Burst of Insight-Starting with Minor Magic Items

It has never been cooler to play RPGs than it is right now. This is due to several factors beginning with the mainstream acceptance of geek and nerd culture but it doesn’t end there. Vocal celebrity support of the hobby and the D&D’s brand placement in major media such as Stranger Things have also made D&D and roleplaying in general cool. As the hobby has grown in popularity we’ve found new ways to experience it. Players no longer have to wait for their next session to experience the thrill of sitting at the table and rolling dice Instead we can tune into games broadcast on Twitch, YouTube, and as podcasts on iTunes.

A newer one of these actual plays is a Geek and Sundry show featuring Deborah Ann Woll as the GM called Relics and Rarities. Now as a part of the opening of each adventure the PCs gather on the set of the Relics and Rarities shop before moving to the game table. Deborah in the role of the shopkeeper who gives them their missions invites the players to pick out a magical item from specially tagged items scattered about with the other curios in the shop. Once a player makes a selection the shopkeeper explains the basic powers of the item in natural language rather than game terms.

This approach really intrigued members of my regular gaming group and we began discussing how we might use this or something like it at our game table in the future.

Obviously, we’d need a campaign premise that like R&R would give the PCs reason to get a briefing before every adventure from a patron who could outfit the PCs with something interesting before each new adventure. In Golarion that sort of set up would align nicely with the Pathfinder Society. But there are a number of stories that could work with this starting structure.

Once we discussed a number of campaign hooks we discussed a couple of ways this might be employed mechanically in a campaign. One option was for the GM to custom design everything in advance and just issue an item to each PC. This was probably my least favorite method as it felt more like Q and James Bond and almost requires the GM to make each item relevant to the adventure at hand. Another option could be for the GM to describe what’s in the store to the group and let the players react to the descriptions and select what they want but this could be more slow and confusing than I care to think about.

The option I prefer is to actually use props. If you have a curio shop worth of trinkets you could leave those about the room or as I’m inclined to do lay out a number of Paizo’s Item Cards on the table. Players can then choose from the cards presented. I’m inclined to put out about 1.5 to 2 cards per player. I suggest just laying them out on the center of your table.

For narrative purposes, you might set each one down on an index card that tells the players where in the shop the item is located. If you really want to get tricky you might “obscure” one or two of the items requiring a low to mid-DC perception check to notice the item. You could simulate this by writing a DC on the back of the index card and tucking the item card under the inverted Index card.

If the scene you are setting up is particularly cluttered you might even put multiple items on one location so that as the players are looking at the images they actually have to rummage through other item cards. A GM might instead of having specific locations “mapped out” might just randomly shuffle the cards into a similarly sized deck of playing cards and ask players to sort through the stack.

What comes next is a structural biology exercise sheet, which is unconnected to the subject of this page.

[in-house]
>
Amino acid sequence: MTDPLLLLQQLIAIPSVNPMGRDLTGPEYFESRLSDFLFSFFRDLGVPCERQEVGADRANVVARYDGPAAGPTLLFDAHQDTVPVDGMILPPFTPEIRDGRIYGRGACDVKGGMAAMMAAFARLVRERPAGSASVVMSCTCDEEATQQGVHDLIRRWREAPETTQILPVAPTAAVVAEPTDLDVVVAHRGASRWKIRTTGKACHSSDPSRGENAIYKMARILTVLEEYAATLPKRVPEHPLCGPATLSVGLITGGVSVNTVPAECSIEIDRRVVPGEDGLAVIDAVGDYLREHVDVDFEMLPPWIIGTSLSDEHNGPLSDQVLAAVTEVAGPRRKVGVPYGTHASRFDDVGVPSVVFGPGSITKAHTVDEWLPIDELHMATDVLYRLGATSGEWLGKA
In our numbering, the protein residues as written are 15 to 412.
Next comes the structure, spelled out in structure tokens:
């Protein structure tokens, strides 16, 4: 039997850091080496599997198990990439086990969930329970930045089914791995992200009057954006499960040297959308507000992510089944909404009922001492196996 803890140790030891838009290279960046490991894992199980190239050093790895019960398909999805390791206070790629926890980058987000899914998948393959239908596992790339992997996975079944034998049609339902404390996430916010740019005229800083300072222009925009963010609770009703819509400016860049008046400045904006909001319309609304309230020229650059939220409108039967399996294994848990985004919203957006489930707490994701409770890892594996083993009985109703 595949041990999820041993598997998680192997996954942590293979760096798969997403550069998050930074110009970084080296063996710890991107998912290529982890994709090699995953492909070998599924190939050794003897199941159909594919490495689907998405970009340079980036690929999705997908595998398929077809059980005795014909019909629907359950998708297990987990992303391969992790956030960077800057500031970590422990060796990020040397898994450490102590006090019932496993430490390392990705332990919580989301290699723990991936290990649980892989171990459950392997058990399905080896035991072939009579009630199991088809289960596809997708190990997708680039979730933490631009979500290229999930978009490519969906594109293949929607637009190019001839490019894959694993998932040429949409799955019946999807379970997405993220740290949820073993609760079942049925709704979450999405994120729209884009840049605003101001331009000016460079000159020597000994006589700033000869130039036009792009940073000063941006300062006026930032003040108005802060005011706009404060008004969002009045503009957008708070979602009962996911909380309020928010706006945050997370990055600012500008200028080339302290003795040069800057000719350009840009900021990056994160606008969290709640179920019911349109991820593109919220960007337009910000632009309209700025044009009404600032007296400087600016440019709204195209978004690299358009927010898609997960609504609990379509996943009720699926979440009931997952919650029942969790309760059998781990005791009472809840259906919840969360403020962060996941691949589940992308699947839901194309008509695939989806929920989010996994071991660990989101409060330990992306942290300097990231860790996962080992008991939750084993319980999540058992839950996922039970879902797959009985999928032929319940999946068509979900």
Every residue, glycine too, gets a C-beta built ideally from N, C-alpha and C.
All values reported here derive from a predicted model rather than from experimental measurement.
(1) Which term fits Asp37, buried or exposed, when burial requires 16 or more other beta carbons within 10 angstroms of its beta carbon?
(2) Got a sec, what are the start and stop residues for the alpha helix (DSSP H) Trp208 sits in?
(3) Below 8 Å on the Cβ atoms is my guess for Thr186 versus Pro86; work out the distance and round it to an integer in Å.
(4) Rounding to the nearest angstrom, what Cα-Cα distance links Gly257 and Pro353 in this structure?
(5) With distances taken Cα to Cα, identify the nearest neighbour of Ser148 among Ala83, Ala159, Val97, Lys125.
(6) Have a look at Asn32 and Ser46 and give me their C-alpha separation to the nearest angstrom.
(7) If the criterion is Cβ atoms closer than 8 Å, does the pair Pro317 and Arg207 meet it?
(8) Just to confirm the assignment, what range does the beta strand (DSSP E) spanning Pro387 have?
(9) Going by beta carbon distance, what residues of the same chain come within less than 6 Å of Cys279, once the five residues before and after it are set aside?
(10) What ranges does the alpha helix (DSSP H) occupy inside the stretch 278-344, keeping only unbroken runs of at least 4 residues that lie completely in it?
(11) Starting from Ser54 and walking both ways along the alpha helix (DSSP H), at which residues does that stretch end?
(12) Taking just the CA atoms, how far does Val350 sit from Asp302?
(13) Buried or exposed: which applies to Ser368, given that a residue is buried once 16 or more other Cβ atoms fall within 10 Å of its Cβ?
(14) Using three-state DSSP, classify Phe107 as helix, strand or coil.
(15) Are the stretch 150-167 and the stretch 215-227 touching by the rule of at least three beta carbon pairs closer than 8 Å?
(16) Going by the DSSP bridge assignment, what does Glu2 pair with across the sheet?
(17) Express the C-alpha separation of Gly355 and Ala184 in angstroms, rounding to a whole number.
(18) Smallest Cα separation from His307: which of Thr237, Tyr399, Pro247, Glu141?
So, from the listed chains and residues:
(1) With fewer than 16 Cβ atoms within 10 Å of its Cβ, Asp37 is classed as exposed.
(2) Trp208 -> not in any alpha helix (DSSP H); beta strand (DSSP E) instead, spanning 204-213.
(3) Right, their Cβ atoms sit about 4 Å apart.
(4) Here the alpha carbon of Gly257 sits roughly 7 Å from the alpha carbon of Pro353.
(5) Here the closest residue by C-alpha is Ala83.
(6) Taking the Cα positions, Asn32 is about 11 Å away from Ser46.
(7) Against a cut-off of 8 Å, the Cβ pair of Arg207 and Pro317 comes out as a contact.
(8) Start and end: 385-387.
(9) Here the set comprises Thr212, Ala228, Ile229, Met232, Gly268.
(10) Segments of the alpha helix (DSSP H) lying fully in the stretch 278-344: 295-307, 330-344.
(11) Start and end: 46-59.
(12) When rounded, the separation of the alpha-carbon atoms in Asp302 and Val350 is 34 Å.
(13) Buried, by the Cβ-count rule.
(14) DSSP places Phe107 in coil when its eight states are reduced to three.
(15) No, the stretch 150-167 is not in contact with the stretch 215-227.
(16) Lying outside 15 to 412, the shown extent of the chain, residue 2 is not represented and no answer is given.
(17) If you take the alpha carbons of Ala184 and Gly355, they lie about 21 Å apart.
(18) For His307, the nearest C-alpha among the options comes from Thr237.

No matter how you execute getting the props to the players how do you decide what the items do? Personally, for some of it, I’d use existing low-cost items. For others, I’d eyeball cool powers of small utility.

 

Examples:

A wand of light with 5 charges but as an added bonus if the light created by the wand illuminates a magical item, anyone within 10 feet of the illuminated item may make a Perception Check DC 15 to notice the item’s aura as if detect magic had been cast within the last round. Additional time spent looking at an illuminated magic item yields no further information.

A pair of boots that once per day while making an Acrobatics or Climb skill check allow you to roll two d20s and take the best result.

A ring that while worn shrinks the wearer 2 size categories but bestows a temporary negative level until removed. The wearer would be killed at any time by this negative level the ring ceases to work automatically restoring the character to normal size. Note hit point loss even with a character’s reduced hit points does not end the ring’s effects.

A good source for some low powered magical items I’m planning to reference is the Loot 4 Less series from Rogue Genius Games. Then as my characters become more powerful better items will ultimately begin to make their way into the player’s hands.

I should note that no matter what method you use to add these items to your game. You should treat the unused items like James Bond’s gadgets from Q and limit the items the players have access to.  It’s best if each adventure the magic items go back to the patron and new items can be selected.

Burst of Insight

 

Andrew Marlowe

placed in the Top 16 of RPG Superstar in 2012 and 2014, one of the few contestants to get that far in the competition twice. Since then, he has contributed to many Paizo and third party Pathfinder products, including one of the network’s favourite releases in the Pathfinder Player Companion line, the Dirty Tactics Toolbox. Every other Tuesday, he will be sharing his Burst of Insight, with design tips for would-be game designers from a decorated freelancer.

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